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CISA Warns of Hikvision Camera Flaw as U.S. Aims to Rid Chinese Gear From Networks

The U.S. Cybersecurity and Infrastructure Security Agency (CISA) on Tuesday informed organizations that some cameras made by Chinese video surveillance vendor Hikvision are affected by a critical vulnerability.

The U.S. Cybersecurity and Infrastructure Security Agency (CISA) on Tuesday informed organizations that some cameras made by Chinese video surveillance vendor Hikvision are affected by a critical vulnerability.

The notification came shortly after the Federal Communications Commission (FCC) announced taking steps toward the removal of Chinese equipment from U.S. networks due to national security concerns stemming from alleged ties between manufacturers and the Chinese government.

CISA’s notification is for CVE-2021-36260, a critical command injection vulnerability affecting more than 70 Hikvision camera and NVR models. The flaw can allow a remote attacker to take complete control of a targeted device without any user interaction.

Earlier this month, the researcher who discovered the vulnerability described his findings, and Hikvision issued an advisory to inform customers about the availability of patches.

The researcher has not released too many technical details to prevent abuse, but warned that in addition to taking complete control of a device, an attacker could leverage the vulnerability to access internal networks, which can have serious consequences if the attack is aimed at a critical infrastructure organization.

One day before CISA informed organizations about the vulnerability, the FCC announced the application filing window for the “Secure and Trusted Communications Network Reimbursement Program.”

The goal of this $1.9 billion program is to help small communications services providers — ones with up to 10 million customers in the U.S. — remove, replace and dispose of communication equipment and services that can pose a national security risk. The program specifically targets products from Chinese companies Huawei and ZTE, acquired before June 2020.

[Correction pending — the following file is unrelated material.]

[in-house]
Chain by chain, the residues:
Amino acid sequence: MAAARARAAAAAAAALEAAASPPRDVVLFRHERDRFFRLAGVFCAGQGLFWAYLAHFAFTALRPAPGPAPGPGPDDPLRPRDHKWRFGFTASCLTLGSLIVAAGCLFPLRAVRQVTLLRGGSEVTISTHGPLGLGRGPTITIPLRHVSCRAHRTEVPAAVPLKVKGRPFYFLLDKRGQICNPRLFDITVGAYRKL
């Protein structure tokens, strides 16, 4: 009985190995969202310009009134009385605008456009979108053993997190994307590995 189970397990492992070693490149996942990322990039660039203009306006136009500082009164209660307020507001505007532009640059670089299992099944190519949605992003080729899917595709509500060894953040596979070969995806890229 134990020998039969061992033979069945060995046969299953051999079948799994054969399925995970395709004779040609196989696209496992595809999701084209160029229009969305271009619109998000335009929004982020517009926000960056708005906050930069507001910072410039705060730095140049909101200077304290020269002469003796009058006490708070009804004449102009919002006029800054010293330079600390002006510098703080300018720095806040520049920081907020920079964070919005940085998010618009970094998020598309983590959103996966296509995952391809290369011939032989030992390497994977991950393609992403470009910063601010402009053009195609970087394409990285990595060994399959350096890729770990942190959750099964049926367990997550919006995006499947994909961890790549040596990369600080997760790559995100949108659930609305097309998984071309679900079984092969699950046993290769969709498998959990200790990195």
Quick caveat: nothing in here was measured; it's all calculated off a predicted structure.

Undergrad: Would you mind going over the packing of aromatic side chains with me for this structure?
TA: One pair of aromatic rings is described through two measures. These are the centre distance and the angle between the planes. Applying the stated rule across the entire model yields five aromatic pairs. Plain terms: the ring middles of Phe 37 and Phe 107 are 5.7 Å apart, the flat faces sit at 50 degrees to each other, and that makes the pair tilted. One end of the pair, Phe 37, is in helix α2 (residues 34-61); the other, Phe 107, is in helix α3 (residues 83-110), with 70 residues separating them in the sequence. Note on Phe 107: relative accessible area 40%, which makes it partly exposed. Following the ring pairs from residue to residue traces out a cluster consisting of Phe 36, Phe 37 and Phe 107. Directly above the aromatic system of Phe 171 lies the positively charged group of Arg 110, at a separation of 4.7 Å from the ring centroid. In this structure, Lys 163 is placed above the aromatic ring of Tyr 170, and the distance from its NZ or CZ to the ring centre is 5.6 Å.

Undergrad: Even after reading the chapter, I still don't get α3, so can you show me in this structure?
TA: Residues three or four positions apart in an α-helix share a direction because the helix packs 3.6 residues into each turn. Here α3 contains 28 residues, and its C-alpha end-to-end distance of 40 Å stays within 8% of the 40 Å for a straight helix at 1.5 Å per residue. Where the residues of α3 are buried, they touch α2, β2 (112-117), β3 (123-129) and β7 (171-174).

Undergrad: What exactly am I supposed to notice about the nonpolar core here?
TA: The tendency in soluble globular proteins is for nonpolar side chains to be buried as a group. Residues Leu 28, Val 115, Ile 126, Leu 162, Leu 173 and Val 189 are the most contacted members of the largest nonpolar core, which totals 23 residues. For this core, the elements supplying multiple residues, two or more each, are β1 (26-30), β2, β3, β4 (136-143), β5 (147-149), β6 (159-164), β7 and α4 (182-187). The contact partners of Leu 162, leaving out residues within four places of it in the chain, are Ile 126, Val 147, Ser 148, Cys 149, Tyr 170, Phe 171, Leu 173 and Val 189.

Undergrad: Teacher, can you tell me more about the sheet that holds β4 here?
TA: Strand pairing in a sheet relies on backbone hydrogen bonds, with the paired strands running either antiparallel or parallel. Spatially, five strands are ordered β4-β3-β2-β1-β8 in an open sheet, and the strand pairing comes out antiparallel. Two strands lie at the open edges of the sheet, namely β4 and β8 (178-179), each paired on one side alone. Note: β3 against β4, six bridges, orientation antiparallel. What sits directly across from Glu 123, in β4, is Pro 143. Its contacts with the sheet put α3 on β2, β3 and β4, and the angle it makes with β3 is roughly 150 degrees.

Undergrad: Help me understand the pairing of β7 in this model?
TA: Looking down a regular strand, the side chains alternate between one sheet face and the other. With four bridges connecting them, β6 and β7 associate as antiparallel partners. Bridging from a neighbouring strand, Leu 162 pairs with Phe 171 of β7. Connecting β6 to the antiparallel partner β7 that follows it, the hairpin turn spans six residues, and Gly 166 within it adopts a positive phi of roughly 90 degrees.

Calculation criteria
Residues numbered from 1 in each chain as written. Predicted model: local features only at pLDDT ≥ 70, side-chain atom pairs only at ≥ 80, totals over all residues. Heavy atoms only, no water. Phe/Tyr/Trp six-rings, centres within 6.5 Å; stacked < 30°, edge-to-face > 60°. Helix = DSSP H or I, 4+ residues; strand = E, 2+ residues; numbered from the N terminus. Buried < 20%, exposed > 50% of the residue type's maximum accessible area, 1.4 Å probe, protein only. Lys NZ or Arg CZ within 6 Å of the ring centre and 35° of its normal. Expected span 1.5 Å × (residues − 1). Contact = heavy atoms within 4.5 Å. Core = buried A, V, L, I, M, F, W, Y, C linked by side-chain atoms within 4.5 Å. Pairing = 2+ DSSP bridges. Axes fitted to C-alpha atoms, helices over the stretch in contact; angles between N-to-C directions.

In addition to communications services providers, the reimbursement program covers educational institutions, healthcare organizations, and libraries that provide communications services.

The United States over the past years has taken steps toward the complete removal of Chinese equipment from the country’s networks, including through the Secure and Trusted Communications Networks Act of 2019.

Earlier this year, the FCC named five Chinese telecom device manufacturers that allegedly pose a threat to national security, and the list included Hikvision, alongside Huawei, ZTE, Hytera, and Dahua.

Devices made by Hikvision are widely used in the United States and elsewhere, which is probably why CISA decided to warn their owners about the risks posed by the recently uncovered vulnerability.

Hikvision got into hot water earlier this year over its alleged involvement in human rights abuses against the Uyghur minority in China, with officials in the United Kingdom asking for a ban of the company.

Hikvision and the other Chinese firms accused of aiding China’s spying efforts have always denied any wrongdoing.

Related: New Bill Would Prohibit Intelligence Sharing With Countries That Use Huawei

Related: US Adds Sanctions on China’s Huawei to Limit Technology Access

Written By

Eduard Kovacs (@EduardKovacs) is a contributing editor at SecurityWeek. He worked as a high school IT teacher for two years before starting a career in journalism as Softpedia’s security news reporter. Eduard holds a bachelor’s degree in industrial informatics and a master’s degree in computer techniques applied in electrical engineering.

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